1) IBD: Creating Awareness and the Race for the Best Drug Therapy
The hot topic of the Digestive Disease Week (DDW) conference this year has been inflammatory bowel disease, or IBD. An abundance of lecture sessions have focused on the topic, including one funded by the Cochrane Collaboration! Many manufacturers, including AbbVie and Takeda Pharmaceuticals, are also promoting their drug therapies all over the exhibition hall. In fact, AbbVie has funded an art exhibit featuring paintings by patients with IBD allowing them to express what it is like living with IBD. These paintings ranged from a person screaming in agony to a calming colorful picture of a park bench. On the other hand, Takeda Pharmaceuticals hosted a product theatre presentation promoting their new drug, vedolizumab, which was submitted for FDA approval in June 2013. Keep on the lookout: the word inflammation continues to be everywhere during DDW 2014.
2) Glue Therapy: Off-Label Use for Esophageal and Gastric Varices
Although not FDA approved for the treatment of GI varices, physician speakers at DDW discussed the possibility of injecting glue, or cyanoacrylate, to stop bleeding from both esophageal and gastric varices. While incorrect injections can further bleeding and needles have the potential to get stuck and clot, the physicians highlighted that glue therapy reduces the risk of recurrence in the long term. This is a problem with traditional methods like sclerotherapy and band ligation, which are only effective in the immediate short-term. Glue therapy is also noted to be inexpensive; a factor that remains a forefront consideration when making treatment decisions. A standardization of technique that is easy for endoscopists to follow should help to aid greater use of glue therapy in the future.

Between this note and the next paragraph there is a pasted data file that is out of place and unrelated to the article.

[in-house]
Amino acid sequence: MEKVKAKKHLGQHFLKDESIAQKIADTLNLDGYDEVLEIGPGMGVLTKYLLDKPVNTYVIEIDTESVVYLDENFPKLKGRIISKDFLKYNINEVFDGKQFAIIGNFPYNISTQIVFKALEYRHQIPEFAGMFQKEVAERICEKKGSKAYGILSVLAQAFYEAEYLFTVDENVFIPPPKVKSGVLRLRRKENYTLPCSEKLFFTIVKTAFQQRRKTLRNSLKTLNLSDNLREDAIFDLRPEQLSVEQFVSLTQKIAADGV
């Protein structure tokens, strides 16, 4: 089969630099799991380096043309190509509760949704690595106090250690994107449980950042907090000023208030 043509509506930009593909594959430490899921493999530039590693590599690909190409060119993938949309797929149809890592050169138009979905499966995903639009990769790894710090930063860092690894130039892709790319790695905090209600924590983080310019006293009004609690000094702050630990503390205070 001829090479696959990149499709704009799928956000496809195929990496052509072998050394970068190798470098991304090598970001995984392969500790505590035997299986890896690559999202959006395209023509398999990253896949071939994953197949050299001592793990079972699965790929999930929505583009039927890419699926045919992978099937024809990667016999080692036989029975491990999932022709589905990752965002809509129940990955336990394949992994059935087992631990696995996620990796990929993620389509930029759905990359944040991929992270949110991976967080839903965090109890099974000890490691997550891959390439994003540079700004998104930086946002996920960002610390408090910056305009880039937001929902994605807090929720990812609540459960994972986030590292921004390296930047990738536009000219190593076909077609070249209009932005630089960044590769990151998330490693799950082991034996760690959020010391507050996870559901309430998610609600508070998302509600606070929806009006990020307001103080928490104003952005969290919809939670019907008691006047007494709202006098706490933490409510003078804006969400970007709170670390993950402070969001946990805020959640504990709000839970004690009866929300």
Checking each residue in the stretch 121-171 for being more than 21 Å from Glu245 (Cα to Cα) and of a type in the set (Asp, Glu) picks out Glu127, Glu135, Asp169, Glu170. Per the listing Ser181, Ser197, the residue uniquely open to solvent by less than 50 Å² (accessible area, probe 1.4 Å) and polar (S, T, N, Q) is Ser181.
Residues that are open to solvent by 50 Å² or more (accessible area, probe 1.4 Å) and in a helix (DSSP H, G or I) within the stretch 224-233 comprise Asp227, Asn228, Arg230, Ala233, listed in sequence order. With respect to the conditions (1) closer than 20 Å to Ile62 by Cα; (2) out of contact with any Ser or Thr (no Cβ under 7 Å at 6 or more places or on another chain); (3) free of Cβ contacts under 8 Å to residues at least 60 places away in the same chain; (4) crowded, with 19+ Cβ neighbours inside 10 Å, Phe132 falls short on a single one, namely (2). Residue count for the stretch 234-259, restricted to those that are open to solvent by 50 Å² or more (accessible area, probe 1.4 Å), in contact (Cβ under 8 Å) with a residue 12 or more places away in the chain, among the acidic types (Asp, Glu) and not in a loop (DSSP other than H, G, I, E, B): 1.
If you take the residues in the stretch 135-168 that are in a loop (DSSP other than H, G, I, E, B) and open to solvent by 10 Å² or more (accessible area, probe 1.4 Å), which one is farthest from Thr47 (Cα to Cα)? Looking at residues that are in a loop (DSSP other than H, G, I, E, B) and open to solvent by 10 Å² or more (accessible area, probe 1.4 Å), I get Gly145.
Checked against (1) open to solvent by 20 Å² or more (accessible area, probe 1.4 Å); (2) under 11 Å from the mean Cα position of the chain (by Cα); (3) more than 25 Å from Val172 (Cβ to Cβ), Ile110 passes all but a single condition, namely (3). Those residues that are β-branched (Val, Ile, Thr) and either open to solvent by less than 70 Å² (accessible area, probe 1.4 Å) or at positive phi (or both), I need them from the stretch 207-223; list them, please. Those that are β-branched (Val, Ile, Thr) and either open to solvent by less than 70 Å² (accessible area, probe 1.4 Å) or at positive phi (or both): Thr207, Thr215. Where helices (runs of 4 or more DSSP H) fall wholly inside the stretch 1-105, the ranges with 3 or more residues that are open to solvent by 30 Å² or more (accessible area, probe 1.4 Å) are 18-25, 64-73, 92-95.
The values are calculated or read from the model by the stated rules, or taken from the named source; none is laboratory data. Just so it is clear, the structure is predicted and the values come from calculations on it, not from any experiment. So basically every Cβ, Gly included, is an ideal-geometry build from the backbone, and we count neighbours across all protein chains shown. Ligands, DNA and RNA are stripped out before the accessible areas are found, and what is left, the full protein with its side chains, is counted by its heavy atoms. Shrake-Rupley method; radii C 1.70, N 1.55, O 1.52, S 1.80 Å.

3) Colonoscopy: The Perennial Classic Topic
Colonoscopy remains a recurring topic in gastroenterology despite being the gold standard to screen for colorectal cancer. This is because of continuing research on the benefits of using advanced imaging technologies, the emergence of fecal immunochemical testing (FIT), and the outstanding need to prove colonoscopy's value?especially given the shift towards a bundled payment reimbursement model in the US as opposed to the current fee-for-service model. Another area of discussion is the positive evidence we?ve heard from thought leaders that water exchange can be superior to air insufflation during a colonoscopy due to reduced patient discomfort and a lower likelihood for colonoscope looping.
Stay tuned! We will continue blogging about our top 3 favorite booths in our next post!